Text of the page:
On June 14, the Center for Native American Youth traveled to Cherokee, North Carolina to connect with youth, staff and community leaders from the Eastern Band of Cherokee Indians (EBCI). The visit began with an invitation to sit in on an official meeting of the Cherokee Youth Council. During the meeting, youth leaders debriefed on recent community events and brainstormed ways to maximize youth engagement. Sky Sampson, director of the Cherokee Youth Council, shared that the Council had received consistent praise from community members who applauded the group’s initiative in undertaking community service activities.
The Council then allowed CNAY’s Amber Richardson to facilitate a discussion on pressing issues experienced by youth at home and in schools. Youth spoke at length about the effects of social media on body image, self-esteem, and mental health. Having identified this issue as a priority, the Council then discussed potential future projects that could reclaim social media as a space for Cherokee youth to find empowerment and community, while working against those harmful effects. CNAY introduced President Obama’s Generation Indigenous as a platform to raise awareness of this issue, showcase the Council’s efforts, and garner support from a diverse network of Native youth leaders.
Eastern Band of Cherokee Indians Vice Chief Richard Sneed joined the meeting to listen to youth and share his own story of overcoming hardship and becoming a tribal leader. He urged the Council to continue to be positive role models and support systems for youth who may be dealing with serious negative influences. He reminded the Council that outreach and inclusiveness are part of good leadership.
Next, CNAY traveled across the state to Raleigh, North Carolina, for the annual North Carolina Native American Youth Organization conference. Attended by over 200 NC Native youth, this event aimed to equip young people with tools and opportunities to enhance their leadership, advance their academic and professional careers, and connect more deeply with cultural resources. CNAY facilitated three conference workshops focused on elevating Native youth perspectives and introducing leadership development opportunities.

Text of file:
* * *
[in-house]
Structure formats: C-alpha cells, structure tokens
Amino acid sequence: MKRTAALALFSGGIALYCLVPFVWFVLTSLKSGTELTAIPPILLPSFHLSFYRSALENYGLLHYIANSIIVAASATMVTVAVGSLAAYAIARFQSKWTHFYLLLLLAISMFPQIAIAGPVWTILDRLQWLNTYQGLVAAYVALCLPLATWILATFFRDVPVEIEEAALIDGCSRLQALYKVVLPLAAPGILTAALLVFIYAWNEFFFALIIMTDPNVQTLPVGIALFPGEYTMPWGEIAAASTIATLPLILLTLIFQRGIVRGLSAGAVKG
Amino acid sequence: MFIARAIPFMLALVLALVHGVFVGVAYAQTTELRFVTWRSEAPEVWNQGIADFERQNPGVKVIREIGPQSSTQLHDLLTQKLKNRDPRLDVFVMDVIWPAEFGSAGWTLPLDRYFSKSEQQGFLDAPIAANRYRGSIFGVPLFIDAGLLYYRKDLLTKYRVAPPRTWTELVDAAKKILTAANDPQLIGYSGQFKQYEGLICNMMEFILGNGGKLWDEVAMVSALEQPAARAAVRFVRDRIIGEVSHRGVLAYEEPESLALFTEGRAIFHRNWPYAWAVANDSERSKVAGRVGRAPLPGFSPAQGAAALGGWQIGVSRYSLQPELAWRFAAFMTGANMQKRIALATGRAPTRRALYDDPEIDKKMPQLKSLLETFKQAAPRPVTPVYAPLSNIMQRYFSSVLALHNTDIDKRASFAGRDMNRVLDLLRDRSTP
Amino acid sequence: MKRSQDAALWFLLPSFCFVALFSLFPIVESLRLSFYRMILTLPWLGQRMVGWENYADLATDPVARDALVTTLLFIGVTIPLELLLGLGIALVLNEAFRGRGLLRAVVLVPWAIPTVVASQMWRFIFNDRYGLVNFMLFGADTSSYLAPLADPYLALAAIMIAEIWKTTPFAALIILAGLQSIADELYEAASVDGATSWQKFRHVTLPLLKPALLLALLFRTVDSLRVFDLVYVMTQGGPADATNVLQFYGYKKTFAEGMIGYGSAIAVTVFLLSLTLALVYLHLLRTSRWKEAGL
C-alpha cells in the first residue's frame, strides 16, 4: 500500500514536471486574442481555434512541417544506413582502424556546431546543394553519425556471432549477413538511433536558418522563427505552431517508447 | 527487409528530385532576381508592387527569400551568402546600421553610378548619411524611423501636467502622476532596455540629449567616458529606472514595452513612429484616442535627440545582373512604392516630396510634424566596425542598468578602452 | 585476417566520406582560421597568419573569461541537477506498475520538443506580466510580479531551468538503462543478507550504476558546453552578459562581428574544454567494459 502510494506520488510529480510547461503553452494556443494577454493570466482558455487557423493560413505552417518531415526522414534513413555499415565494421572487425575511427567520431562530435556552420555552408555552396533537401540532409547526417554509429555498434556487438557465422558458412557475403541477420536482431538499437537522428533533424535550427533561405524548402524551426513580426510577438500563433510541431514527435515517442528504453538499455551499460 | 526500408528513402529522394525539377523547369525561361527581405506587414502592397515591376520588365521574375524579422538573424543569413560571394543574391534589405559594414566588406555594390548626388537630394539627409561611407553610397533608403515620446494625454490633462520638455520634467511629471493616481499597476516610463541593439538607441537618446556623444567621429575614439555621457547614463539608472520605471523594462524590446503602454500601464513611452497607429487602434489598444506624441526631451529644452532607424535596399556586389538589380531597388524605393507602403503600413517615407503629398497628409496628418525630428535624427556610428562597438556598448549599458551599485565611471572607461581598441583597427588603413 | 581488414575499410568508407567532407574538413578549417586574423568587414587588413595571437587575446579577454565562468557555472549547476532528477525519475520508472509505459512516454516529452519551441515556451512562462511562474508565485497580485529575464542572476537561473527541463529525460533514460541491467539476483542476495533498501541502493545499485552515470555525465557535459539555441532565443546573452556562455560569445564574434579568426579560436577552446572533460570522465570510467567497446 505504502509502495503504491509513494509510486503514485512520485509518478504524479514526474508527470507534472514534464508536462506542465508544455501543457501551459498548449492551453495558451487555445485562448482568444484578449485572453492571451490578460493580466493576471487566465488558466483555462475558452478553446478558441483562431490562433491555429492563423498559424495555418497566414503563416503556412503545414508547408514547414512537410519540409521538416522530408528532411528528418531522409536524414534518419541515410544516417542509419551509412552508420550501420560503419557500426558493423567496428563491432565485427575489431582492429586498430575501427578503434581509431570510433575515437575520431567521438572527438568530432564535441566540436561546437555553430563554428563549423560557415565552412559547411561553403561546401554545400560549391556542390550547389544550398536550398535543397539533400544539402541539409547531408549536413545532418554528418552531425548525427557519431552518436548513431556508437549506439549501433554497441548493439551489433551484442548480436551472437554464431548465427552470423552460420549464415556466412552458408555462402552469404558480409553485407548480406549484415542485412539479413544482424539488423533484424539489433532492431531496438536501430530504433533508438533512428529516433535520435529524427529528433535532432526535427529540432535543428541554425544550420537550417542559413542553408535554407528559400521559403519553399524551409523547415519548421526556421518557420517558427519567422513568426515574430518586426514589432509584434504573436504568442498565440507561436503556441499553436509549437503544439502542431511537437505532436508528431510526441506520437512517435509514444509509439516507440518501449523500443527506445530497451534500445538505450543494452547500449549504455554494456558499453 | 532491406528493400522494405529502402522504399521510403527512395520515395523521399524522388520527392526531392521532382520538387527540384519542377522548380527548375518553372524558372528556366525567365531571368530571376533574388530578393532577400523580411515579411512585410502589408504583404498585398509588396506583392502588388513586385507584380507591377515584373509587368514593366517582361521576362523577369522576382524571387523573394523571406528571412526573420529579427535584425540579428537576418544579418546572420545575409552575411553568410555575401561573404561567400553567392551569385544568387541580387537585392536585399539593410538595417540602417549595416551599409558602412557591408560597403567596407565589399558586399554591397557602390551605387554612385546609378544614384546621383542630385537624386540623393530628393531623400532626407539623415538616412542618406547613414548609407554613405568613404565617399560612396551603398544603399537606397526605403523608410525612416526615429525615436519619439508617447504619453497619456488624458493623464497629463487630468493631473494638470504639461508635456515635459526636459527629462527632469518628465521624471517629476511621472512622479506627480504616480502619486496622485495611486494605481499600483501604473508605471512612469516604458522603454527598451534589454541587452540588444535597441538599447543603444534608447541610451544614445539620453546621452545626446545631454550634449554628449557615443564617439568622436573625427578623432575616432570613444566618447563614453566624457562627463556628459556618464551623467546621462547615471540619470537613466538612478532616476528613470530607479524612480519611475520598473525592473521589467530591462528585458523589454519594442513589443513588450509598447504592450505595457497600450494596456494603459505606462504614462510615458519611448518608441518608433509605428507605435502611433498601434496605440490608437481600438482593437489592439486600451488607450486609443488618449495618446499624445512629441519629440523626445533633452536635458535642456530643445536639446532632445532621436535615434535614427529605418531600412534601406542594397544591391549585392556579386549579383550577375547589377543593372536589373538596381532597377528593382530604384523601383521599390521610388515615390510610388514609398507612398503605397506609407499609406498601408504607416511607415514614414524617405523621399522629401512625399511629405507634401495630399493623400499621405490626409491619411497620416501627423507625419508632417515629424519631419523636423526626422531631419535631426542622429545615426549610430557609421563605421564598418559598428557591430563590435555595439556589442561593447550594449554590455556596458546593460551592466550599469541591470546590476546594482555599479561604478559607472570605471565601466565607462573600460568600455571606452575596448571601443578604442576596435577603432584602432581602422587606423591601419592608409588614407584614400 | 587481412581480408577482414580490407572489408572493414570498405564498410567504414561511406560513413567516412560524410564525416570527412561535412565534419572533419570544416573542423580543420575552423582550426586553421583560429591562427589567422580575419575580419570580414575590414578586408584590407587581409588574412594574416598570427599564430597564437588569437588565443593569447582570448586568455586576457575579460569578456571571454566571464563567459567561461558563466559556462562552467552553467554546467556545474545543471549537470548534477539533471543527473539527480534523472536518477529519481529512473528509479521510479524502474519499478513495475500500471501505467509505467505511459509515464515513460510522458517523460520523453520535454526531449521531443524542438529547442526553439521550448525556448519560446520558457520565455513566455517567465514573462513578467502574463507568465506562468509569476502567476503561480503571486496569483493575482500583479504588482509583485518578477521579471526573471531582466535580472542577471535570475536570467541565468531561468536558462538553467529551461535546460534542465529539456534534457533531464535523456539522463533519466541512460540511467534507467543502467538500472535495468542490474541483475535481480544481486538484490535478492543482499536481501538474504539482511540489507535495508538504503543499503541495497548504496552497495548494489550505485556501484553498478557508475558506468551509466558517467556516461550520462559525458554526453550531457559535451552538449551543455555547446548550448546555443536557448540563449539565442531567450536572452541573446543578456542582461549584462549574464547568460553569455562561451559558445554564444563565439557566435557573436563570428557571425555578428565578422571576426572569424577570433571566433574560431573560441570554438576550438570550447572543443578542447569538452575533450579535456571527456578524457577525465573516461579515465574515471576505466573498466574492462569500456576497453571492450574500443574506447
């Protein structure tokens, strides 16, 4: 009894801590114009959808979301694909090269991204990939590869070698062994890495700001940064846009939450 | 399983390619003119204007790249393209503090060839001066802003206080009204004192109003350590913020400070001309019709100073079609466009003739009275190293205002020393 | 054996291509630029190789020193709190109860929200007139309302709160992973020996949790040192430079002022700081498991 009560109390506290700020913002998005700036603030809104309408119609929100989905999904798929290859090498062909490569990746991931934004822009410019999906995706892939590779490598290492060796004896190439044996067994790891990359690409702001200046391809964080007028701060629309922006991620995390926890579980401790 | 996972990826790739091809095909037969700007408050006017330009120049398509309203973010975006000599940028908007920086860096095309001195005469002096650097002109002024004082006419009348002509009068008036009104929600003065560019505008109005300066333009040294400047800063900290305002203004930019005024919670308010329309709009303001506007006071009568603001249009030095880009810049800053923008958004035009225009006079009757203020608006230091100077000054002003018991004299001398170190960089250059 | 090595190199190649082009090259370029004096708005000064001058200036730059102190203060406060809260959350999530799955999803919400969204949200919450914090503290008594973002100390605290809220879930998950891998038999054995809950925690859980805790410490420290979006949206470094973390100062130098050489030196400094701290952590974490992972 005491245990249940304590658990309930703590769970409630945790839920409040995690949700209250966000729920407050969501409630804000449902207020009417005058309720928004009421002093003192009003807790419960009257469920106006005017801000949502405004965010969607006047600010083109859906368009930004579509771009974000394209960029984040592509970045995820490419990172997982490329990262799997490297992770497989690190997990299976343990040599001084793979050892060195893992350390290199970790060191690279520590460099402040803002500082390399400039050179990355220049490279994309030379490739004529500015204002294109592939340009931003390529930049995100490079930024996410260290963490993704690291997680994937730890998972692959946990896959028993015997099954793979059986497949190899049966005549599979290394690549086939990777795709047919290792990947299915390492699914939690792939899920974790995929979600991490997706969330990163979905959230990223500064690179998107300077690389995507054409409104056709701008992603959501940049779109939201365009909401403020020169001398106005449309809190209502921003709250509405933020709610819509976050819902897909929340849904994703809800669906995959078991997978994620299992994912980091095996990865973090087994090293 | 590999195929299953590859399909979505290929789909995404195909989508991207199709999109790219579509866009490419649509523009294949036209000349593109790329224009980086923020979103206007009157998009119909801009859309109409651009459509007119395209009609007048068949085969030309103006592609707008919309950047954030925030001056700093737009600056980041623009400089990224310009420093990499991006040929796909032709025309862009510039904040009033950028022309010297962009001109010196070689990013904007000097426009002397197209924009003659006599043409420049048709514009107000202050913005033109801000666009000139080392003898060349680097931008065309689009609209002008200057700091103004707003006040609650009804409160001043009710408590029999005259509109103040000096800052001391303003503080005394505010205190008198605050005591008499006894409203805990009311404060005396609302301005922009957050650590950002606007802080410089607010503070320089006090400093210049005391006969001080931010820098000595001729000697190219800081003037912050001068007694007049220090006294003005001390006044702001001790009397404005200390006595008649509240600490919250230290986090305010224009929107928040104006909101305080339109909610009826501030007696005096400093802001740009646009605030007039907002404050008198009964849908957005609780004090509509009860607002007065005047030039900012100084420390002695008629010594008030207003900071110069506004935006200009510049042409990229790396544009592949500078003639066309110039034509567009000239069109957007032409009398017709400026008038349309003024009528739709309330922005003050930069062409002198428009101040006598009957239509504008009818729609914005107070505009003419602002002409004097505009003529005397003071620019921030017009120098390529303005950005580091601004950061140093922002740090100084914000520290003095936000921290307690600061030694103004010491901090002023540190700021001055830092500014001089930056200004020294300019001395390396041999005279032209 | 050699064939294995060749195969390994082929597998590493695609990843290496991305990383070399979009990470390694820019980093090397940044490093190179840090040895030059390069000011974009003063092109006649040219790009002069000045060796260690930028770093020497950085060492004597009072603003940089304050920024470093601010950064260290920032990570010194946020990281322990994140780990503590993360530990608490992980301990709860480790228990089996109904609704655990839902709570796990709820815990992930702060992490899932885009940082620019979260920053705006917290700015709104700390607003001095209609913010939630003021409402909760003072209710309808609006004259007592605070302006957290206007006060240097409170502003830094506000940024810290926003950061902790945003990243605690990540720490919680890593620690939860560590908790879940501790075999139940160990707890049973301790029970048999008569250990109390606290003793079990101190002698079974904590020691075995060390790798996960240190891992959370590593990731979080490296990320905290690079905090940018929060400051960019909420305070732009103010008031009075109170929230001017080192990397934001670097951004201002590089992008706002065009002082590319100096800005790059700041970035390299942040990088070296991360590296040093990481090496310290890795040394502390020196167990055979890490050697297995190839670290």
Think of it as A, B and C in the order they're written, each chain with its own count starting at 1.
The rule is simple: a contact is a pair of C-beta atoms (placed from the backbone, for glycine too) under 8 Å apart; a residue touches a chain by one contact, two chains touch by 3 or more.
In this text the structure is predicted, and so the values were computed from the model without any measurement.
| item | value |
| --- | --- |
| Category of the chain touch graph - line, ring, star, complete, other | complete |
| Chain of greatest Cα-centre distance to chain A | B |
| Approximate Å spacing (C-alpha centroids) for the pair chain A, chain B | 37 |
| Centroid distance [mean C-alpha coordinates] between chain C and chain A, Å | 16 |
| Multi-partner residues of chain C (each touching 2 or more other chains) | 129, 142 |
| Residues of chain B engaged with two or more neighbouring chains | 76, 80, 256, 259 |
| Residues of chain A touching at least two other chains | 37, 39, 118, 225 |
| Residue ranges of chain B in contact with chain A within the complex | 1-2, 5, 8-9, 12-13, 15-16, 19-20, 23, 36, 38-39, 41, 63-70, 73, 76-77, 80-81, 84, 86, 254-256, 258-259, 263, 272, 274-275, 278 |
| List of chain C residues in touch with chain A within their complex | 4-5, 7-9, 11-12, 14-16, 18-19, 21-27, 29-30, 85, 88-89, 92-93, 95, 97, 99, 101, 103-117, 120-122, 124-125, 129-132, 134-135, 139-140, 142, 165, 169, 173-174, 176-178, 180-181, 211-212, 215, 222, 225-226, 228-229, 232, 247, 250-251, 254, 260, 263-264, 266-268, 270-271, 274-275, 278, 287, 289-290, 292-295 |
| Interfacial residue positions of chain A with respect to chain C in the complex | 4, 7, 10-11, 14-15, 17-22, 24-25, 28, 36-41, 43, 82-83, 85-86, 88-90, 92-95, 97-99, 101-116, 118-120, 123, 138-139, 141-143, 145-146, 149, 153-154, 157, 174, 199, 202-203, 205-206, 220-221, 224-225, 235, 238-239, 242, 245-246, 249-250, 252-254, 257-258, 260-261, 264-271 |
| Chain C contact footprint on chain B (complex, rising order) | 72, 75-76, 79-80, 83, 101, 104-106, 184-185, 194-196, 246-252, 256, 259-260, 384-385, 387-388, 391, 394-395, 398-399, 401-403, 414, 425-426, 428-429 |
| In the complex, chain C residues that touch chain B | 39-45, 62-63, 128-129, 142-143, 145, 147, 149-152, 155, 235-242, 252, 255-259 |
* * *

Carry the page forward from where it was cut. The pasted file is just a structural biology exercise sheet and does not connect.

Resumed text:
Youth attendees identified issues related to school climate as top priorities for NC Native students. Many shared stories of being reprimanded by school administrators for wearing beadwork to school or being denied permission to wear eagle feathers at graduation ceremonies, indicating a lack of understanding and support for these forms of Native youth self-expression. While some youth found strength and community in Native student alliances, others looked to extracurricular groups or individual community members to air these concerns and find community. CNAY shared some of the findings from the White House Initiative on American Indian/Alaska Native Education’s recent school environment report, and informed youth of the process by which they can file a complaint with the Department of Education’s Office for Civil Rights in order to track and address these incidents.
The workshops also included a segment on oral health in Indian Country, as this topic has emerged as a priority in meetings with Native youth across the US. NCNAYO students were given background on oral health care disparities in Native communities, and learned about the emerging adoption of mid-level Dental Health Aide Therapists as a solution that addresses the significant need, builds local capacity, and reinforces tribal sovereignty.
Before the conference ended, NCNAYO youth had an opportunity to take the #GenISurvey on-site, at the academic fair. Those who completed both Part 1 and Part 2 of the survey received a pair of CNAY sunglasses, and were entered into the drawing to win a head-to-toe Nike N7 gear package. Take the survey for your chance to win!